TORONTO - The federal government's Financial Literacy Task Force has launched a cross-country, multimedia fact-finding mission in a bid to better educate Canadians about the perils of amassing debt and increase their ability to manage personal finances.
Financial literacy has emerged as a key issue in the wake of the global economic crisis, with personal debt levels relative to income sitting at historic highs after climbing for two decades, said Donald Stewart, chairman of the task force and CEO of insurance giant Sun Life Financial (TSX:SLF).
"After the shock of the global recession, and its impact on both government and household planning and budgeting, many are looking for longer-term approaches that will put our economy on a sounder footing. Financial literacy is one of them," Stewart said Monday as the task force unveiled plans for a public consultation.
"It is time to make financial literacy a priority, to find ways to strengthen financial education among young people and help Canadian adults become more confident and knowledgeable decision makers."
The task force, announced by federal Finance Minister Jim Flaherty last June as part of the government's Economic Action Plan, will meet with Canadians in 15 cities across the country. It has also launched a website where Canadians can submit their questions about savings, debt and financial planning.
Issues under examination will include how to bring a number of disparate financial literacy groups into collaboration and how to integrate financial lessons into the school system. The group is also looking into developing a standard test to determine financial literacy.
The 13-member panel has studied programs at home and abroad, searching for ideas on how to best educate consumers and help them to build the knowledge, skills and confidence needed to make responsible financial choices.
They plan to integrate the best practices from other countries, along with suggestions from Canadians in all demographics into a report to be delivered to Flaherty in December.
Flaherty said Monday he welcomed the release of the consultation document, entitled "Leveraging Excellence," as a starting point to discuss issues including managing debt, saving and investing, retirement planning and preventing fraud.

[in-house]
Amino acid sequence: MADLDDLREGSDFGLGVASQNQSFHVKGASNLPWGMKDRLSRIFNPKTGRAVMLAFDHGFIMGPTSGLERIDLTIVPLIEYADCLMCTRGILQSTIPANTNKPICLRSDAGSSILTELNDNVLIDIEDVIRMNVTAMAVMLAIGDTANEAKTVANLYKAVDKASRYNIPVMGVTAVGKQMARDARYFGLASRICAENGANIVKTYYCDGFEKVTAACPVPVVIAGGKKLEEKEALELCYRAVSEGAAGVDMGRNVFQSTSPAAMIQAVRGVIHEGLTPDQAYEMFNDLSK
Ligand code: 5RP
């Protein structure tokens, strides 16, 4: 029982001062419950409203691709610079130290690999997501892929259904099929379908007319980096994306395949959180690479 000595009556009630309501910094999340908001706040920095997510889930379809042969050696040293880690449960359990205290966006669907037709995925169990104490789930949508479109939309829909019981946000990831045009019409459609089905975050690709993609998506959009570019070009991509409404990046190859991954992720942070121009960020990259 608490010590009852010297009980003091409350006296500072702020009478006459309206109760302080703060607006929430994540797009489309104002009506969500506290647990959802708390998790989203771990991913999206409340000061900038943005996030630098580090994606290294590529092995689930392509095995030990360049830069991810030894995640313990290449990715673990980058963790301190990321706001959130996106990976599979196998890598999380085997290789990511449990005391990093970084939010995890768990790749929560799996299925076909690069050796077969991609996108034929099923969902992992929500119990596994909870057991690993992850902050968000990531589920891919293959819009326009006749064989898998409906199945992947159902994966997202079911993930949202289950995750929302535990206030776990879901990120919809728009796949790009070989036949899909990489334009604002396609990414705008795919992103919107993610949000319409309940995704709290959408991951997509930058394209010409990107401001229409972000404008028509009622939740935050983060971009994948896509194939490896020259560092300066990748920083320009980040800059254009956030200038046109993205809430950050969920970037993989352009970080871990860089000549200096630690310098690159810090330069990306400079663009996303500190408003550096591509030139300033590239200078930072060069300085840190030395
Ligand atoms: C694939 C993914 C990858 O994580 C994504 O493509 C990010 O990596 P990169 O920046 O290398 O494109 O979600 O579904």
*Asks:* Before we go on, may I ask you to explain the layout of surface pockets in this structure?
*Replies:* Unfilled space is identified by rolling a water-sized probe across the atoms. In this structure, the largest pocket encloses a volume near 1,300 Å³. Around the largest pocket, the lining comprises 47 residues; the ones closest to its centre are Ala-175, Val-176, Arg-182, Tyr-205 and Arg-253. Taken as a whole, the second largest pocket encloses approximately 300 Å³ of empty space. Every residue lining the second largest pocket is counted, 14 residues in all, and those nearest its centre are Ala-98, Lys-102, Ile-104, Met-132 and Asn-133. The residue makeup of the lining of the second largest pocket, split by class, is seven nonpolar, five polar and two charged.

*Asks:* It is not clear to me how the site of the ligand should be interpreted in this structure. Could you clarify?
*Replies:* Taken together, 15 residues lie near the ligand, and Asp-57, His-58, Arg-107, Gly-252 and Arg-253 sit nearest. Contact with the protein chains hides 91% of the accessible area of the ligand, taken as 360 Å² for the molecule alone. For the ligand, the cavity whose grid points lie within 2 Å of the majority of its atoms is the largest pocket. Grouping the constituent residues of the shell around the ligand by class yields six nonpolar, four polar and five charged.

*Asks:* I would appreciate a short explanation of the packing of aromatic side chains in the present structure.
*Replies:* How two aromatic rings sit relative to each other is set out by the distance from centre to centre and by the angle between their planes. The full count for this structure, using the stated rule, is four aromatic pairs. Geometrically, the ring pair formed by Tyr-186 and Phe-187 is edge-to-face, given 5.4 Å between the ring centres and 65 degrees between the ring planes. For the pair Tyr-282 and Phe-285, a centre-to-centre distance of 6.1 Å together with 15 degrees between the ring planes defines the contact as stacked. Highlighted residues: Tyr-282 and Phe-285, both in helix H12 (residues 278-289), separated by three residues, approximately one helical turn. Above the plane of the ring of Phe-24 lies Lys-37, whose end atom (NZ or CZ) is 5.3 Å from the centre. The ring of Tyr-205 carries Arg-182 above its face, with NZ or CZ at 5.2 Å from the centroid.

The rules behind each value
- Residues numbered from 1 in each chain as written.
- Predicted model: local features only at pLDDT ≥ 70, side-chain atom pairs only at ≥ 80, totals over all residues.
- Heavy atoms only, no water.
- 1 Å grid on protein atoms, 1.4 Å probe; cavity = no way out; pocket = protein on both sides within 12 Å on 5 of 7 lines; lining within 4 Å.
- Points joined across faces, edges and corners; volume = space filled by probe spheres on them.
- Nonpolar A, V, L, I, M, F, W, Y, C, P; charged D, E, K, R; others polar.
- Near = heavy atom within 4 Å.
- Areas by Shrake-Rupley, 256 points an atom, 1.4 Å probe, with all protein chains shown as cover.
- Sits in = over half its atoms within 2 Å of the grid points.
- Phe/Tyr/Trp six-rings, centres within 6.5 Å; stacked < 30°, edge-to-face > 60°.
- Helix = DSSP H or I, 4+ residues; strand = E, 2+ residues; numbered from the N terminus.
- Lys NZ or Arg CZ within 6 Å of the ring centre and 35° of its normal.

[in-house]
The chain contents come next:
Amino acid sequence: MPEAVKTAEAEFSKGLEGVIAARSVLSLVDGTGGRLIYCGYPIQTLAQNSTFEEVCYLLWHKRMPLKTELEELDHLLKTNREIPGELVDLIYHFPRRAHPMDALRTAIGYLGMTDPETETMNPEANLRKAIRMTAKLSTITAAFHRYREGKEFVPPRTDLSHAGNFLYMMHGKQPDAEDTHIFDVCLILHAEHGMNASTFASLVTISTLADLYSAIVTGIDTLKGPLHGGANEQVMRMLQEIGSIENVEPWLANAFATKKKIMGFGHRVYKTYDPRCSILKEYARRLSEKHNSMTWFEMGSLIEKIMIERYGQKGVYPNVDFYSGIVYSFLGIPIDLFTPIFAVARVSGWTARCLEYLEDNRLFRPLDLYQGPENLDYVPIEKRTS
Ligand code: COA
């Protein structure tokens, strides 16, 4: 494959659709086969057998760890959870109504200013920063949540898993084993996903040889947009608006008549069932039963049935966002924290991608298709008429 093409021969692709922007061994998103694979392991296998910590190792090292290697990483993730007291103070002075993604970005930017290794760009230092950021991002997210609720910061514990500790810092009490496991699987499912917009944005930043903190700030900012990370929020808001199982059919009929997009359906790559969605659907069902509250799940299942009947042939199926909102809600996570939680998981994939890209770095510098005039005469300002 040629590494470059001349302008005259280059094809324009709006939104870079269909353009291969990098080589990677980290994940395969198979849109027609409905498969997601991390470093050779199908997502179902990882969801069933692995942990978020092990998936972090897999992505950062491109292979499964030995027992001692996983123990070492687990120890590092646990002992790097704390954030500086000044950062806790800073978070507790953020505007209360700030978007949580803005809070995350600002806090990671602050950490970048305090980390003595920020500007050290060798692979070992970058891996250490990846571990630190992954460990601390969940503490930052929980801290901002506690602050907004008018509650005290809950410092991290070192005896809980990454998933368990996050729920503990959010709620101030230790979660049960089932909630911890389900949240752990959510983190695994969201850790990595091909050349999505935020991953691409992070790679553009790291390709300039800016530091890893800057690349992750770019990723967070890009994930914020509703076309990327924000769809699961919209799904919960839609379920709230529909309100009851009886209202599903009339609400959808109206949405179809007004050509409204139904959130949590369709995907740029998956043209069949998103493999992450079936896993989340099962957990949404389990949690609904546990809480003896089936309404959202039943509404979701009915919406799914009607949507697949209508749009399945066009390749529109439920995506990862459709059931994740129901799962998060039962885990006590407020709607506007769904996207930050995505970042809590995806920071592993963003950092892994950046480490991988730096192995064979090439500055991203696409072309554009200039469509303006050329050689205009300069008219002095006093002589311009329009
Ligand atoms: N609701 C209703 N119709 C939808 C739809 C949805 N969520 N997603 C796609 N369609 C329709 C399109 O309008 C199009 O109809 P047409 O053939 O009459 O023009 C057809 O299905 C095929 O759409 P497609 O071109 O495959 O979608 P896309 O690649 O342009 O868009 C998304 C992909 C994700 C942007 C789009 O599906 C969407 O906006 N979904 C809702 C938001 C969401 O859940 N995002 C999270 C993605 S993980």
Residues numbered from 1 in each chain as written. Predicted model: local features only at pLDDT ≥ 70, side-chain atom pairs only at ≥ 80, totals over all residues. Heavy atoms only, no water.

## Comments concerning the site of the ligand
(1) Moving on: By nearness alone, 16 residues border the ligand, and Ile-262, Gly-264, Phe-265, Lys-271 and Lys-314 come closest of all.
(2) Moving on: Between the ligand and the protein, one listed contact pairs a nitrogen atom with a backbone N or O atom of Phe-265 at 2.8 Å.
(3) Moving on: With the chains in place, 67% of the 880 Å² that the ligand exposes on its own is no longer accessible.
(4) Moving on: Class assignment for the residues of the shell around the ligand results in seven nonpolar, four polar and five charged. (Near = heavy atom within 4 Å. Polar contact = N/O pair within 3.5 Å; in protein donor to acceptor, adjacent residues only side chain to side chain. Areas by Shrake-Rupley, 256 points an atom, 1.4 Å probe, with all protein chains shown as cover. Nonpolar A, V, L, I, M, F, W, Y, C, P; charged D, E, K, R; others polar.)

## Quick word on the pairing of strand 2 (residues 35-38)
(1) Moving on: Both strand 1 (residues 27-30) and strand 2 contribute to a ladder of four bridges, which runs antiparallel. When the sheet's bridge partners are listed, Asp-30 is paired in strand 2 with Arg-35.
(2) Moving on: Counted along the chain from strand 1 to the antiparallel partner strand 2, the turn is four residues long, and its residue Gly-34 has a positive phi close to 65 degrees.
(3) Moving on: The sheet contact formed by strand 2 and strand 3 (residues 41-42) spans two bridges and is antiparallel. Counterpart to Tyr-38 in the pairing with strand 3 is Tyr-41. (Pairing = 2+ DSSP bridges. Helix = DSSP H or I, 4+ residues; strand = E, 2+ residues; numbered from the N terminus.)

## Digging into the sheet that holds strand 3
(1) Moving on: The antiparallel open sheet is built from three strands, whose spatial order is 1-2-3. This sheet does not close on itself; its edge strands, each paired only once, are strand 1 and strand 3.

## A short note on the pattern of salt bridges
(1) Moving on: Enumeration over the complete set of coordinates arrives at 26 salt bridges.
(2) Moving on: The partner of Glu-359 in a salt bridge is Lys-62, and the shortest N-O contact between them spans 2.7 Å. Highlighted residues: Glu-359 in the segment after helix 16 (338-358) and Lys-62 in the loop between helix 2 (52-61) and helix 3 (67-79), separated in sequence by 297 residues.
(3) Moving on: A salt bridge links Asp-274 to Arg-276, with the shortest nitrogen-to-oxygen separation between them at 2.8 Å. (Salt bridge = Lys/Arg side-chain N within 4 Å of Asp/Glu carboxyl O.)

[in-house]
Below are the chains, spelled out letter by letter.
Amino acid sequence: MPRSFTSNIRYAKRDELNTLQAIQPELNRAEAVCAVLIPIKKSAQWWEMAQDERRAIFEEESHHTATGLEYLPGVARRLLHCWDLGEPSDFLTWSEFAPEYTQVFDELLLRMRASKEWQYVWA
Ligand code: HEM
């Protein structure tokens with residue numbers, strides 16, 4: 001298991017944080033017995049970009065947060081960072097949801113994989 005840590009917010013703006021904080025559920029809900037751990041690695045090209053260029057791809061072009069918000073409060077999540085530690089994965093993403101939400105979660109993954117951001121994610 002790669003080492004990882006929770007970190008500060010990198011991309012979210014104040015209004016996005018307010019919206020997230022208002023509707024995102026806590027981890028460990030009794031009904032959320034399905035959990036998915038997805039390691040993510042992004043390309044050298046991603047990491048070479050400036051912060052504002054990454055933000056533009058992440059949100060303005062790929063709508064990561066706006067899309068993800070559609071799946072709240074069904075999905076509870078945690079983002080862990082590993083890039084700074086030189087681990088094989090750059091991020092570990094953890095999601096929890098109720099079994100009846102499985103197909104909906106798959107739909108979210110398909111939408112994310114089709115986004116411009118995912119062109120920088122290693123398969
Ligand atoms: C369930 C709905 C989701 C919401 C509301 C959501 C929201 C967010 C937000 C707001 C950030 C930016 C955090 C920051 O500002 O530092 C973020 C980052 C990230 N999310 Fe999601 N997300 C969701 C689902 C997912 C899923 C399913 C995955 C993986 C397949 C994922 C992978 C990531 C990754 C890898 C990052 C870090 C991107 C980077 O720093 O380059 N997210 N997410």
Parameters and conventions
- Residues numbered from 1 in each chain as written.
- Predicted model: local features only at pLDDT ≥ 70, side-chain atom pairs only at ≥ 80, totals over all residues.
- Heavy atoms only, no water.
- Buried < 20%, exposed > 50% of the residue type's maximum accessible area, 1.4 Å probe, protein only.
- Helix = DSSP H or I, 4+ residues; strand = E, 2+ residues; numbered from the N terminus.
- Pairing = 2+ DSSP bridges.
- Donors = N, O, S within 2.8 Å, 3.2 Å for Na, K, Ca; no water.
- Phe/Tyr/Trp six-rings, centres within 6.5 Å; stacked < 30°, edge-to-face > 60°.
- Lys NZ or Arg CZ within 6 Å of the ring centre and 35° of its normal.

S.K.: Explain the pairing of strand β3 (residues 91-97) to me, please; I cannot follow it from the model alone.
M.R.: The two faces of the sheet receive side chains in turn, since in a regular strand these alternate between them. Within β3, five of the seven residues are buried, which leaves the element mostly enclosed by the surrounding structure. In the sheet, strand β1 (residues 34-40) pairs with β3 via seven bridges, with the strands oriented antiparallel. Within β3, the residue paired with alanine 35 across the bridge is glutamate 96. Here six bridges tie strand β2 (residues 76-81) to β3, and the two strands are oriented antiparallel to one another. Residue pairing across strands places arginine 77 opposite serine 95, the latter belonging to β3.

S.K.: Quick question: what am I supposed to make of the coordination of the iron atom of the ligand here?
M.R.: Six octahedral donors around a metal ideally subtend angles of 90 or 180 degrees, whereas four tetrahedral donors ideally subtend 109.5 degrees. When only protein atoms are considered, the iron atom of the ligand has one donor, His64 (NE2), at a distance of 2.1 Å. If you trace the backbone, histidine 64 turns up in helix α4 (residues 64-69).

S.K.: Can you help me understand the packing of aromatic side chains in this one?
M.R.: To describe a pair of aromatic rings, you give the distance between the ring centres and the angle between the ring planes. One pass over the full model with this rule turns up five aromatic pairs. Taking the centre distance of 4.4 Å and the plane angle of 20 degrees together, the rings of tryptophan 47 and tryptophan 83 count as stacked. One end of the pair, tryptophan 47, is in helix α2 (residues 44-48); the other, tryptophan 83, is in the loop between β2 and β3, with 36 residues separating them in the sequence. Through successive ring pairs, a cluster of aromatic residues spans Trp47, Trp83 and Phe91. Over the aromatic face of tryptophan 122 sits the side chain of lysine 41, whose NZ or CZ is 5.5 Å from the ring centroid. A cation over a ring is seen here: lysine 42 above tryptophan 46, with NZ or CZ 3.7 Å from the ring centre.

"There's a gap in financial literacy in Canada and this is a basic life skill," he said in a telephone interview Monday.
"We'll have Canadians in a better position to understand that they should save for their retirement, that they should understand financing of a new home or a resale home. They'll learn more about balancing the family chequebook."
Flaherty said he is concerned about Canadians' lack of financial literacy, which can contribute to people taking on mortgages they can't handle when interest rates go up and failing to put aside adequate levels of retirement savings.
"As these goals have financial implications, Canadians would benefit by becoming better consumers, investors and savers."
The public consultation phase is expected to be completed in time for the group to deliver a plan to the finance minister in December.
"Canadians face a growing number of complex financial decisions that affect their futures and steer our economy," said Flaherty.
"That's why it is important for Canada to have a national strategy aimed at promoting and strengthening financial literacy."
Tom Hamza, president of Ontario's Investor Education Fund said the consultation document provides clear direction on navigating a "hodge podge" of existing information.
"Half of this is effectively taking stock of what information is out there and who is doing what. To a certain extent, once that is done, I think a strategy will start to make itself more evident," he said.
Hamza said the national strategy should be a catalyst for financial education organizations such as his, which offers financial education programs, to work more closely together.
"Ultimately, hopefully, we'll have a much stronger system of support to help adults learn this topic better."
"We have to take an approach that's actually listening to what users want and need in terms of delivery... I think people are looking for somebody in their corner to simplify difficult decisions and let them know what they should focus on."
Hamza said he believes that helping Canadians learn more about their finances will be beneficial for both average households and the economy as a whole. But he added that the task force needs to ensure it will hear from the very people it's trying to help - average consumers who don't generally pay much attention to financial matters.
"Those are always the hardest people to reach and they're the least likely to give opinions but they're the ones that this is all focused on."
Canadians will have an opportunity to speak about their financial concerns and aspirations, starting in Vancouver and Yellowknife on April 6 and ending in Ottawa May 13. Canadians can also mail, fax and email their ideas and discuss finances online until April 30.